• Growth in tight oil production has been facilitated by considerable growth in debt. A company can only take on so much debt before its financial resilience becomes threatened by even moderate declines in the oil price. (8/29 #25)
  • Ethanol prices gained against gasoline after production of the biofuel tumbled by 5 percent to the lowest level in more than three months. (8/3 #20)
  • Investigations by the Federal Energy Regulatory Commission are fueling a debate among lawmakers and the Federal Reserve over whether to reverse more than a decade of policy decisions that let Wall Street banks keep or build units handling commodities and energy. (8/3 #21)
  • The fight for a measure of autonomy by Syria’s Kurds is the newest conflict in a broader struggle in which Kurds–spread across Turkey, Iraq, Syria and Iran and oppressed for decades–are trying to take advantage of the chaos in the Middle East to achieve longstanding ambitions for self-government and democratic rights. (8/2 #15)
  • Iran has agreed to supply Damascus with $3.6bn in oil in exchange for the right to invest in the country. (7/31 #4)
  • The American Petroleum Institute commissioned PricewaterhouseCoopers to survey job creation in the US energy sector. The survey found the oil and natural gas sector supported 9.8 million jobs in 2011, an increase of more than 600,000 since 2009. (8/2 #20)
  • The oil industry forecasts long car lines at gasoline stations or substantially higher prices at the pump if the EPA doesn’t roll back mandates for renewable-fuel use. (8/29 #21)
  • TransCanada Corp. plans to go ahead with a $12 billion pipeline that will ship oil from Western Canada to the East Coast. The Energy East pipeline would have a capacity of 1.1 million barrels a day and be in service by the end of 2017. The new line would be in addition to the Keystone XL pipeline. (8/2 #25)
  • In North Dakota, nearly one-third of the natural gas produced as a side-effect of the Bakken oil is being burned off in the air, a practice known as flaring. The result can be seen from space—the 18,000 square-mile Bakken is lit up like a city. Low prices, remote locations and the time and expense of developing pipelines all work against processing the gas. (8/1 #6)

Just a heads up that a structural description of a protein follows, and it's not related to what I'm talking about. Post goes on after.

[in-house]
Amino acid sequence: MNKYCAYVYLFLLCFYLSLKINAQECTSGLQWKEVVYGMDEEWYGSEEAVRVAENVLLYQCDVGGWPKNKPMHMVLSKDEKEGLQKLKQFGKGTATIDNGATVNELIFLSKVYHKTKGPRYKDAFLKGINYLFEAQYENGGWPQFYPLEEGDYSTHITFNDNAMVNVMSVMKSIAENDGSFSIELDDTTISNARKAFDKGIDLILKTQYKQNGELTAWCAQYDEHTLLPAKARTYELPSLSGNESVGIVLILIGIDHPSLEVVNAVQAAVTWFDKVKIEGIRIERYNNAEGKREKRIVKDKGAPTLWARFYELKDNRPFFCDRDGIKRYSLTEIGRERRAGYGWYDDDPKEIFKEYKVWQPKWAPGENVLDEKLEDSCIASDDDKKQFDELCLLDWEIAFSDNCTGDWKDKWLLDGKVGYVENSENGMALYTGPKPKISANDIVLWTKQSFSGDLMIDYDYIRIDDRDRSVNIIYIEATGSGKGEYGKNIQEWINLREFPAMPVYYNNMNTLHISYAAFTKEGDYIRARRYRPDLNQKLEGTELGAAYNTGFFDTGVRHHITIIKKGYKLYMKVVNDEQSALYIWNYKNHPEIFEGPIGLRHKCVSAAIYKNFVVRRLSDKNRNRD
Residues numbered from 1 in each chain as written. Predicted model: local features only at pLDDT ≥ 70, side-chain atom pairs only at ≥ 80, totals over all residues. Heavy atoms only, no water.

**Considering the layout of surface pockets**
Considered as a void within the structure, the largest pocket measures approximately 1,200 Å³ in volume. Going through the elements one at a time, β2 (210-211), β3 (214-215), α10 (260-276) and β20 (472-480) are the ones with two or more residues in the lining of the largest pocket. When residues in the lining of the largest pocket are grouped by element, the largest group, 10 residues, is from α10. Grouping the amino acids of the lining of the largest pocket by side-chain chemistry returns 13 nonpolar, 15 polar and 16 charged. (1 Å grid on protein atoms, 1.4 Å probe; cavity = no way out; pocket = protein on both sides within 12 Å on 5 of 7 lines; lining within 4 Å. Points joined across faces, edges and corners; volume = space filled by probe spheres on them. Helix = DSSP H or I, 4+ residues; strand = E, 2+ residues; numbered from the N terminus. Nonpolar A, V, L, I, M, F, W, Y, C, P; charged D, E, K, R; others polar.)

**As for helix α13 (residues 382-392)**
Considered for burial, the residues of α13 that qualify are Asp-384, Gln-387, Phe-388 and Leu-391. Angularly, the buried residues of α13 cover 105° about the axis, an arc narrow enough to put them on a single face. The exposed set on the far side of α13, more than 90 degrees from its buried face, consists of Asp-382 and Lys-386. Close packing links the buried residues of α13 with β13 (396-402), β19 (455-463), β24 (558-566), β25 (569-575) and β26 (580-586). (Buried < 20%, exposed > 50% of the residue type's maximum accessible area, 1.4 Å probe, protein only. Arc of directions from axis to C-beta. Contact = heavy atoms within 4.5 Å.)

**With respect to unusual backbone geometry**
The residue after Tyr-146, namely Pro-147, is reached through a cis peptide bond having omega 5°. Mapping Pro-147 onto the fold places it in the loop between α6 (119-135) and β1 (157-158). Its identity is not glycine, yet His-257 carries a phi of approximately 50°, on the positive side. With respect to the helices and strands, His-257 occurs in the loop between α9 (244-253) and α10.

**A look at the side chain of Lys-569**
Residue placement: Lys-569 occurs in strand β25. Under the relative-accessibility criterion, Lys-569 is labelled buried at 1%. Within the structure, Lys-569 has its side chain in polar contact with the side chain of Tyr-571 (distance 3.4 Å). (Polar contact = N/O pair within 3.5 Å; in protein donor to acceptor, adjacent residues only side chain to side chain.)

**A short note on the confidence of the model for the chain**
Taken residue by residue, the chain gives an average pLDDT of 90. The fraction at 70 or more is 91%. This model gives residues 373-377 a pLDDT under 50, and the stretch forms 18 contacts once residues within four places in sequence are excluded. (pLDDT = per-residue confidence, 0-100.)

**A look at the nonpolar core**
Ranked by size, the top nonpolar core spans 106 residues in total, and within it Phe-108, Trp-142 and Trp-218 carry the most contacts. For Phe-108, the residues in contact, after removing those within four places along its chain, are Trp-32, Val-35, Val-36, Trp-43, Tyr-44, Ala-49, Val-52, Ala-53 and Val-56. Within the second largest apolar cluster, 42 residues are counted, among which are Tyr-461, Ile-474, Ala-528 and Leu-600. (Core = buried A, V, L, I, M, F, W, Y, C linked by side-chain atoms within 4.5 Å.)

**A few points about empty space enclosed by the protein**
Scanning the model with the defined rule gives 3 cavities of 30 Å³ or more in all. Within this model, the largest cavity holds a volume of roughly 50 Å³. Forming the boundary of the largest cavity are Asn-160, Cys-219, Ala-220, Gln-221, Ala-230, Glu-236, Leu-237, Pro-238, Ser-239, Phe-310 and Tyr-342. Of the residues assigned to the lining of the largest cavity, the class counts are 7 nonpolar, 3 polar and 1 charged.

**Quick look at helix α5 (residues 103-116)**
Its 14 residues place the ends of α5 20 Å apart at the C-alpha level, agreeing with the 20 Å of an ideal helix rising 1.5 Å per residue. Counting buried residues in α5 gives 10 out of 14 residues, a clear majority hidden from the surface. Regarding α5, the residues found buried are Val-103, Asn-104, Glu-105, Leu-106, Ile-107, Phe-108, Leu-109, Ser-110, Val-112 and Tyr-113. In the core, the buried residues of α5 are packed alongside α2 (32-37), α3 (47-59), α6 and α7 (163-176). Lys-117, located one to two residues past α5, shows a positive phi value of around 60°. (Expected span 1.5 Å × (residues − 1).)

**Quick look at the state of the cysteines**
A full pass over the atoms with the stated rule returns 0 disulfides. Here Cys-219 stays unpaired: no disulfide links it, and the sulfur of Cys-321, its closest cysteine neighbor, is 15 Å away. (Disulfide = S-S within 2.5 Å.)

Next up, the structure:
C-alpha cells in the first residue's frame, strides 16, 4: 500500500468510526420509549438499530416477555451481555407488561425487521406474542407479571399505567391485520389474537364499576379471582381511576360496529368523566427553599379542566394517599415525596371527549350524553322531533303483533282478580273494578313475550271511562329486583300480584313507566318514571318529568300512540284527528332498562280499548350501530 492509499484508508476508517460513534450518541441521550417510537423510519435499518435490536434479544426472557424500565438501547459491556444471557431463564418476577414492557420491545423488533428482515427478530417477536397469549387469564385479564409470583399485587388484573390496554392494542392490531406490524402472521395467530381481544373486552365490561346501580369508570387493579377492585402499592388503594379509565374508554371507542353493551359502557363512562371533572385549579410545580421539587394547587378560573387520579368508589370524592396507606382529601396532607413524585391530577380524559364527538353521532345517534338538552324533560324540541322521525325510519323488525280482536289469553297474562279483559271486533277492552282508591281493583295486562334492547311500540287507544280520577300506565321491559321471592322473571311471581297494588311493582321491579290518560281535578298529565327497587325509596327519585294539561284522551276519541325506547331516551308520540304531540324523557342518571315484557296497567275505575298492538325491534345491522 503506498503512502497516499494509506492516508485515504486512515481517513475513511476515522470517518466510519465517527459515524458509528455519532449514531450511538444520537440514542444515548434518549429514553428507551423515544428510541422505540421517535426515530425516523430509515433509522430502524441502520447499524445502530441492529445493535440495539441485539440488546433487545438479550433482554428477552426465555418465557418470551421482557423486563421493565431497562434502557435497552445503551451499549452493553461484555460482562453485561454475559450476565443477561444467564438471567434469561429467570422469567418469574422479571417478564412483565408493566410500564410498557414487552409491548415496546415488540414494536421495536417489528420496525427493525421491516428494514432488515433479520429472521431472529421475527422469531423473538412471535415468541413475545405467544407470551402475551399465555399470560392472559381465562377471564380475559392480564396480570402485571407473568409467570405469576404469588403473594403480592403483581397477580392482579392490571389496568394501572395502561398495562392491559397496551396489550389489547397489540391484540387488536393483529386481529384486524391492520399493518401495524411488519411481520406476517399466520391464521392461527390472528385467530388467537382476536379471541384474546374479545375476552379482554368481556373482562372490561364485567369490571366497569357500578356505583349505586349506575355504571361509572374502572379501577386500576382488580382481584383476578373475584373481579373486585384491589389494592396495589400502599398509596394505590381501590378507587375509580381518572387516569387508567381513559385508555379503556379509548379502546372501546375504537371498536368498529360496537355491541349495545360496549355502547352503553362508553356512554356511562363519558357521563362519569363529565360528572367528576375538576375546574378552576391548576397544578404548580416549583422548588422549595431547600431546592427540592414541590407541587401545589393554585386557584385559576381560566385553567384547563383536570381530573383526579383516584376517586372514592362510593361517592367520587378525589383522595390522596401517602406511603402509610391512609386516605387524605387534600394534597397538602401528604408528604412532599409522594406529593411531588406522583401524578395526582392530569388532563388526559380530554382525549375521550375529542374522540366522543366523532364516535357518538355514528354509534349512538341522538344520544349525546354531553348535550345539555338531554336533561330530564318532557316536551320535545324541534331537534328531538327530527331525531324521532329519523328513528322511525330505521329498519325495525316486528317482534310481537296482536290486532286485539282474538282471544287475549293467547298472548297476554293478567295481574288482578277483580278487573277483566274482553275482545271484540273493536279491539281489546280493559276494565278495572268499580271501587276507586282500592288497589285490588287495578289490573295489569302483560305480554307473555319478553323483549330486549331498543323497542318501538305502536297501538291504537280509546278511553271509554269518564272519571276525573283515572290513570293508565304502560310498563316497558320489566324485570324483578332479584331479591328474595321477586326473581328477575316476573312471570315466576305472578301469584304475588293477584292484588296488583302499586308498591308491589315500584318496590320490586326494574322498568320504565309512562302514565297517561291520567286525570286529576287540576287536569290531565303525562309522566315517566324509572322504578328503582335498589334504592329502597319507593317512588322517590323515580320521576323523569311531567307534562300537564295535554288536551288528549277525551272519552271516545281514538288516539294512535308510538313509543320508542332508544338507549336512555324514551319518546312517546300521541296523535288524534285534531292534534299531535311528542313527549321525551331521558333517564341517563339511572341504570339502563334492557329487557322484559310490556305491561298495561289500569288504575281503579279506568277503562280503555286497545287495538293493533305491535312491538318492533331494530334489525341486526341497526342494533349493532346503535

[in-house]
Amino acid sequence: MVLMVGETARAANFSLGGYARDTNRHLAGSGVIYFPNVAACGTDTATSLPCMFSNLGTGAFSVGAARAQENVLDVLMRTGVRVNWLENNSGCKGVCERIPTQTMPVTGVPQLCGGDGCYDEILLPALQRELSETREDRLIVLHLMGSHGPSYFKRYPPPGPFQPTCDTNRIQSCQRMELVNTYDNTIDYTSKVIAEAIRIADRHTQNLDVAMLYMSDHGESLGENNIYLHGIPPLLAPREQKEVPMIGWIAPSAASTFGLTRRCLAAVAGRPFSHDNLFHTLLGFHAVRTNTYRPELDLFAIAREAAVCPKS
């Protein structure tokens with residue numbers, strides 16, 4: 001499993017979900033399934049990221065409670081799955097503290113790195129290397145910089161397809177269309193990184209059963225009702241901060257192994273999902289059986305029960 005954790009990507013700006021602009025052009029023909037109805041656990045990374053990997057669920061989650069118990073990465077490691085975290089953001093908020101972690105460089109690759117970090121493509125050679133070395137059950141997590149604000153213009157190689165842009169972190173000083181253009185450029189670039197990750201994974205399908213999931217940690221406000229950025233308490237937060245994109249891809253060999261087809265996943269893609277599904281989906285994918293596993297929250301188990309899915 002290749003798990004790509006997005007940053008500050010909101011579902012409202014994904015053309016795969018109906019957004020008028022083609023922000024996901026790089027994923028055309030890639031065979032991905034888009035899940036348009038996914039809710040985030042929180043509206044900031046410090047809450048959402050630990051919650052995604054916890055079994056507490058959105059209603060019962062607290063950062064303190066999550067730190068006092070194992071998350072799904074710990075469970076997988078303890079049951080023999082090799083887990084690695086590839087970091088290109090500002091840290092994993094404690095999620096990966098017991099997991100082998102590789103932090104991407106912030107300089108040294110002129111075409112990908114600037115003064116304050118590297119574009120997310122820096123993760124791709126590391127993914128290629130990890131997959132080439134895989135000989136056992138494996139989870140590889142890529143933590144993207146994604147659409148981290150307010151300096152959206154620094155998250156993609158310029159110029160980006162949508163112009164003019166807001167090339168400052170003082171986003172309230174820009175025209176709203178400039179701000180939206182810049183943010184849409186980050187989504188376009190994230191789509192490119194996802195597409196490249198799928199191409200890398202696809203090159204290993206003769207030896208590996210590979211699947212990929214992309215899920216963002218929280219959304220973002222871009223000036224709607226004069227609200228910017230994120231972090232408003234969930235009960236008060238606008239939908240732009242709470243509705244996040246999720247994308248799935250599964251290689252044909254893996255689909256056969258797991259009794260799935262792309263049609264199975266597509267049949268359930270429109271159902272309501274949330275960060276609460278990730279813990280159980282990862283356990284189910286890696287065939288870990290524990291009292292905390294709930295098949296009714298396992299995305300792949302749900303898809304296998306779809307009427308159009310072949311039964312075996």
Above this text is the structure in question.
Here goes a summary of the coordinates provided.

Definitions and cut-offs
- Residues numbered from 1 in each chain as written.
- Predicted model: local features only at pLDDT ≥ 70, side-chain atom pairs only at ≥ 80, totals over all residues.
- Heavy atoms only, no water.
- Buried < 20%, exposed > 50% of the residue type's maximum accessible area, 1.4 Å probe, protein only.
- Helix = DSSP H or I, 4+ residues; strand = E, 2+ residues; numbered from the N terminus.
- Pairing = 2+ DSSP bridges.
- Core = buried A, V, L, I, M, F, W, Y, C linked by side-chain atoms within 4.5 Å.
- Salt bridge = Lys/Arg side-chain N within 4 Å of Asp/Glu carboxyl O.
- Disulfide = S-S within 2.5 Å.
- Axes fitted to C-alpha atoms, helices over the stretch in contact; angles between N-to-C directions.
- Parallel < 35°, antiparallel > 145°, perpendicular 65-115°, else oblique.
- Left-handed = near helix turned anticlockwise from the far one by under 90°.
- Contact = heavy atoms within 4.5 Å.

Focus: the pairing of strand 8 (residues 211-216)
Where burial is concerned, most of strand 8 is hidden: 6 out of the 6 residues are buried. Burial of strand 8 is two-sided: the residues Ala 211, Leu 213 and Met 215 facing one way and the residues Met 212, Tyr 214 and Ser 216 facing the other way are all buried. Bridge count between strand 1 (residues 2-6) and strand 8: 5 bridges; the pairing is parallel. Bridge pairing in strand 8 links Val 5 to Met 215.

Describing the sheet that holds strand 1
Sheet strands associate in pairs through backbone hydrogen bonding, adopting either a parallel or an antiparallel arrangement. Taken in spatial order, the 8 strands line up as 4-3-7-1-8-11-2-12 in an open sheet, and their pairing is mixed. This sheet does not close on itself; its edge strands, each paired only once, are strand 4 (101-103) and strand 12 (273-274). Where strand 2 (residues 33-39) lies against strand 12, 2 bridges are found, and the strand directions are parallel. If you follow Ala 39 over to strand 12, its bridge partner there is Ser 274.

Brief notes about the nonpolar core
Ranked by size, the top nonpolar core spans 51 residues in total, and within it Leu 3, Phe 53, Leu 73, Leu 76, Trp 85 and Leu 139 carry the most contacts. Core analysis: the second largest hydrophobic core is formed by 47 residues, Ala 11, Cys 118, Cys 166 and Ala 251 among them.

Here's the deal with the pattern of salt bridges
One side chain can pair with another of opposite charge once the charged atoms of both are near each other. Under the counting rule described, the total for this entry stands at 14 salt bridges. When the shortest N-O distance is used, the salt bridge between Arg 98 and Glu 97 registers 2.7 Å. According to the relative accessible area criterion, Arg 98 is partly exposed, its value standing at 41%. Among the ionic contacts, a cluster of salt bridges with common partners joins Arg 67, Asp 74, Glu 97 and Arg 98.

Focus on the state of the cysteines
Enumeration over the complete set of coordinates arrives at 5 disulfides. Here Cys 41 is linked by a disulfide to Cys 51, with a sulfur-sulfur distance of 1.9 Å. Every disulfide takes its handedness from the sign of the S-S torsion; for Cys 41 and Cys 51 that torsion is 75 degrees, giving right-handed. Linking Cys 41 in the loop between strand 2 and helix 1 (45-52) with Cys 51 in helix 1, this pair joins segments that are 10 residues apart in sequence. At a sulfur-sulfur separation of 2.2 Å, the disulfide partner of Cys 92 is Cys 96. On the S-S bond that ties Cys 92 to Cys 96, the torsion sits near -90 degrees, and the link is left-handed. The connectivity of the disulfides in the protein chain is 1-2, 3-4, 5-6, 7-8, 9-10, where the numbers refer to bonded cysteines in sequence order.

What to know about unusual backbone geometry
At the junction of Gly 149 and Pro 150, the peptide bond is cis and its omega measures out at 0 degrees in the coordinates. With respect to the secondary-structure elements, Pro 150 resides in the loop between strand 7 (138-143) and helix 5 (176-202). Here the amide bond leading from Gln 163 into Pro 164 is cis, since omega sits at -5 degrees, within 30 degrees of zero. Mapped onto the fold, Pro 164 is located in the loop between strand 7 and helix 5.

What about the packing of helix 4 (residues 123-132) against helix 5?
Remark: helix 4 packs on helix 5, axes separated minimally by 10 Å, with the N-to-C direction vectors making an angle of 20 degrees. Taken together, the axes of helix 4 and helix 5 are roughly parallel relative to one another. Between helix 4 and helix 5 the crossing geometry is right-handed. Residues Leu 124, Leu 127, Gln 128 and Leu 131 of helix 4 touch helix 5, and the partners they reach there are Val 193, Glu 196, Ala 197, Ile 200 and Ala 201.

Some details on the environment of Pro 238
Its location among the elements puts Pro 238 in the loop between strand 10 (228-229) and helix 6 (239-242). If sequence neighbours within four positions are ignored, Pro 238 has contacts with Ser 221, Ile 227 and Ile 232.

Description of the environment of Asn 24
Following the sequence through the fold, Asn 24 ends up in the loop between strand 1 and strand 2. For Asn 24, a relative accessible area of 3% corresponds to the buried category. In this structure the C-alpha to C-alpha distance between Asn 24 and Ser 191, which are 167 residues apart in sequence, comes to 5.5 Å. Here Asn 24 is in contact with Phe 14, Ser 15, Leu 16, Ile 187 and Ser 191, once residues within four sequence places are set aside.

• China, believed to hold the world’s largest resource of shale gas, hopes to replicate the production boom seen in the United States, but it faces technological and environmental challenges due to complex geology and scarcity of water. (7/31 #12)
  • China won’t let earthquakes hinder its quest for energy. Companies such as Royal Dutch Shell Plc and China National Petroleum Corp. are starting to drill for gas and oil in shale rock in Sichuan, the nation’s most seismically active province, a process geologists say raises the risk of triggering quakes. (8/1 #20)
  • The US is on course to meet its greenhouse gas reduction target of 17 percent below 2005 levels by 2020, said Energy Secretary Ernest Moniz. About half of that progress comes from the natural gas boom and its substitution for coal-fired electricity generation. (8/3 #17)
  • An EPA employee said gas drilling damaged drinking-water aquifers in a Pennsylvania town, according to a presentation the staffer prepared for superiors before they agreed to end deliveries of clean water to the residents. The previously unreleased document found that fracking caused methane to leak into domestic water wells in Dimock, Pennsylvania. The findings contradict those of Cabot Oil and Gas Corp. (7/30 #13)
  • Reaching driving age doesn’t hold the magical allure it once did for US teenagers, with fewer than half of them applying for a driver’s license when they reach legal age. (8/1 #24)
  • Kuwait’s ruler has used the opportunity of Ramadan – the month of fasting associated with forgiveness – to pardon all those convicted of offending him. The announcement on Wednesday is an apparent effort to help defuse political tensions after last week’s parliamentary elections in the Gulf nation. (7/31 #7)
  • The consortium behind the TAP gas pipeline from Azerbaijan said BP, French oil company Total and Azerbaijan’s energy company came on board as members Tuesday. The project is part of the so-called Southern Gas Corridor, a network of pipelines planned to add diversity to a European market dependent on Russian natural gas. (7/31 #18)
  • Saudi Arabia and the UAE are readying the Middle East’s first big push into renewable energy, planning solar-power plants that will need more than $1.5 billion in financing by the end of 2014. (7/30 #5)
  • Jordan’s controversial plan to raise power prices in August for a second time this year is set to go ahead despite warnings such measures could lead to serious civil unrest. (7/30 #8)
  • Scientists in Japan and the U.S. say they are moving closer to tapping a new source of energy: methane hydrate, a crystalline form of natural gas found in Arctic permafrost and at the bottom of oceans. (8/29 #4)

Tom Whipple

Tom Whipple is one of the most highly respected analysts of peak oil issues in the United States. A retired 30-year CIA analyst who has been following the peak oil story since 1999, Tom is the editor of the long-running Energy Bulletin (formerly "Peak Oil News" and "Peak Oil Review"). Tom has degrees from Rice University and the London School of Economics.  

Tags: China's economic growth, Middle East conflicts, oil price